Ecommerce | Marketing
Turn Negative Online Reviews into Positives
June 08, 2018
We are deep in the age of the information-hungry consumer. According to a recent consumer review survey, 85% of shoppers trust online reviews just as much as they trust a personal recommendation, demonstrating how influential reviews can be in shaping the way people view your brand or product.
While the thought of receiving a bad review on a very public platform is enough to terrify any business owner, such reviews can, in fact, prove to be a useful new form of marketing and customer relationship building, if handled in the right way.
Responding to negative online reviews is part and parcel of running any retail business, and how you deal with them should form an integral part of your long-term reputation management strategy. A core element of this is ensuring reviews are closely monitored and acted upon promptly, ideally within 60 minutes of posting.
Setting up brand-mention alerts is a great way to keep track of things in real-time so that you can react rapidly to prevent one negative review from escalating into a PR nightmare.
Moreover, claiming your business listings on review sites such as Yelp will allow you to easily manage customer feedback. If you do not claim your business, you won't be able to act on any negative sentiments made about you, which could certainly prove detrimental in the long run.
Never ignore bad reviews
Perhaps the worst thing you can do with any negative online review is to ignore it. This does you no favours, especially since we now live in a world where the consumers are in control and have the ability to amplify their feelings about your brand to a potentially huge audience in a matter of minutes.
You might think that ignoring or deleting a bad review is an easy way to brush it under the carpet and act as if it never happened, but the reality is that this will only serve to make the customer even more annoyed, and he is likely to find other channels to express his frustration. What started out as one bad review could quickly turn into several of them, across multiple platforms, some of which you won't have the power to remove.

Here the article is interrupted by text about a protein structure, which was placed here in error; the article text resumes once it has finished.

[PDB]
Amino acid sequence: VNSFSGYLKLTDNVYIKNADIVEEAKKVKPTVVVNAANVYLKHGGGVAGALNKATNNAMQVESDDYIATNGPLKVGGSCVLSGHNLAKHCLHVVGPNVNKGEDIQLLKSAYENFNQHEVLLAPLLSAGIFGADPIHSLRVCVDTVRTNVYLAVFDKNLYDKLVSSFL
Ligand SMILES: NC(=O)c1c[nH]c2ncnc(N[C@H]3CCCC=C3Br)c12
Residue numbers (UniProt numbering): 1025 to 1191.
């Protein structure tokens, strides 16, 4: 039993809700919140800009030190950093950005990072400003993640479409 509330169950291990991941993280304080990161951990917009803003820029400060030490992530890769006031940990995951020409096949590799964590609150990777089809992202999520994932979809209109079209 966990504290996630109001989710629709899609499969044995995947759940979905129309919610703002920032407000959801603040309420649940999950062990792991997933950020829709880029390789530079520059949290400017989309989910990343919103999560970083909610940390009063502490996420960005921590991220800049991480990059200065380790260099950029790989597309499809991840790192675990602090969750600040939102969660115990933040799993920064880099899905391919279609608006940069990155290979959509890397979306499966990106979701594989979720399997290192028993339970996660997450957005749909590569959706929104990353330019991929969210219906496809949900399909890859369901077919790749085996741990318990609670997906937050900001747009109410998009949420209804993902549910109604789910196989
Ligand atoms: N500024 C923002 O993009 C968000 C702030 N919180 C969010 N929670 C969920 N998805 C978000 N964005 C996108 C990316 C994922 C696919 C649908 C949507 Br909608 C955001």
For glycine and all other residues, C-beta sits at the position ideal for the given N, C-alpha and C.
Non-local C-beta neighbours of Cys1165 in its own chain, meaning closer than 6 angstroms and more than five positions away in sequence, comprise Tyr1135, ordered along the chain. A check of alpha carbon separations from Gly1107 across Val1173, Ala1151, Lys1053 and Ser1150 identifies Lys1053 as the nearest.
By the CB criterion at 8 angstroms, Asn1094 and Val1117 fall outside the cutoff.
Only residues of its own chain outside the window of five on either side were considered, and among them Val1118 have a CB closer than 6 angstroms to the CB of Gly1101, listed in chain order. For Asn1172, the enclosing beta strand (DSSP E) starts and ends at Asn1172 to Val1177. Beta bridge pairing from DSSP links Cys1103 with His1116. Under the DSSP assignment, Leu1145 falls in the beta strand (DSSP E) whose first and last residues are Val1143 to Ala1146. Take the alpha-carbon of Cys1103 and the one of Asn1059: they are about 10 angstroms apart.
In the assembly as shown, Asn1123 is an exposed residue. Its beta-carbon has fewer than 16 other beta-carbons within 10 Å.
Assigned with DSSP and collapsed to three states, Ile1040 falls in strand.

In response to bad reviews, you should make a sincere, public apology and offer a solution to the issue. At the end of the day, consumers want to feel appreciated, so it's important to focus your response efforts on validating their feelings or compensating them for the inconvenience caused rather than ignoring them altogether, making excuses, or arguing with them on a public platform.
How you respond to the negative reviews will show people a lot about your business values and brand personality. Show that you truly care about your customers' opinions, and you're all but certain to win the approval of your audience.
Personalise your replies
It is important to personalise all your replies, since we know that today's consumers respond positively to personalisation. Don't just send out the same generic reply message to everyone—this is a sure-fire way to prove to your customers that you don't care about them individually.
Instead, address the customers by name and, if possible, give details of their trip to your shop or experience with your company so that they (and your prospective customers) can see that you do in fact know who your customers are and are committed to resolving each and every one of their particular issues.
Always remember to follow up with customers afterward via email or phone to determine whether they are happy with the outcome or if you need to do anything else. That way, they will know you are committed and will be more likely to remember their experience with you as a positive one.
Once you have effectively resolved the customers' problems and are sure they are satisfied, there is no harm in asking them to either delete their previous negative review or submit another, more positive one.
The positive sides to negative reviews
Negative reviews are unavoidable – they happen, they are normal and they can sometimes even be used to your advantage. Of course, you should always be striving for excellence and a great customer experience, but there are bound to be hiccups along the way and most rational consumers will understand this.
Therefore, a healthy mix of good and bad reviews demonstrates a human touch and provides authenticity to a business. If a company only has five-star reviews it can look rather fake and consumers often begin to question whether you've paid people to write them (which happens a lot more than you think!). In fact, according to a recent study, the optimal online review rating for a business is somewhere between 4.2-4.5 out of 5, which means a few less-than-perfect reviews are to be expected.
Moreover, bad or neutral reviews from real customers allow you to gauge ways to better improve your service or products. All feedback is valuable to business owners, so you should treat any review as a potential learning opportunity and seek to prevent the same thing happening again in the future.
Avoiding them altogether
If you haven't thought about it already, a key strategy for avoiding negative reviews before they happen is to build in an instant feedback opportunity. That way, customers are able to give you their opinion right away and without an audience, allowing you to intervene quickly and handle their issue before they get the chance to post a negative review online.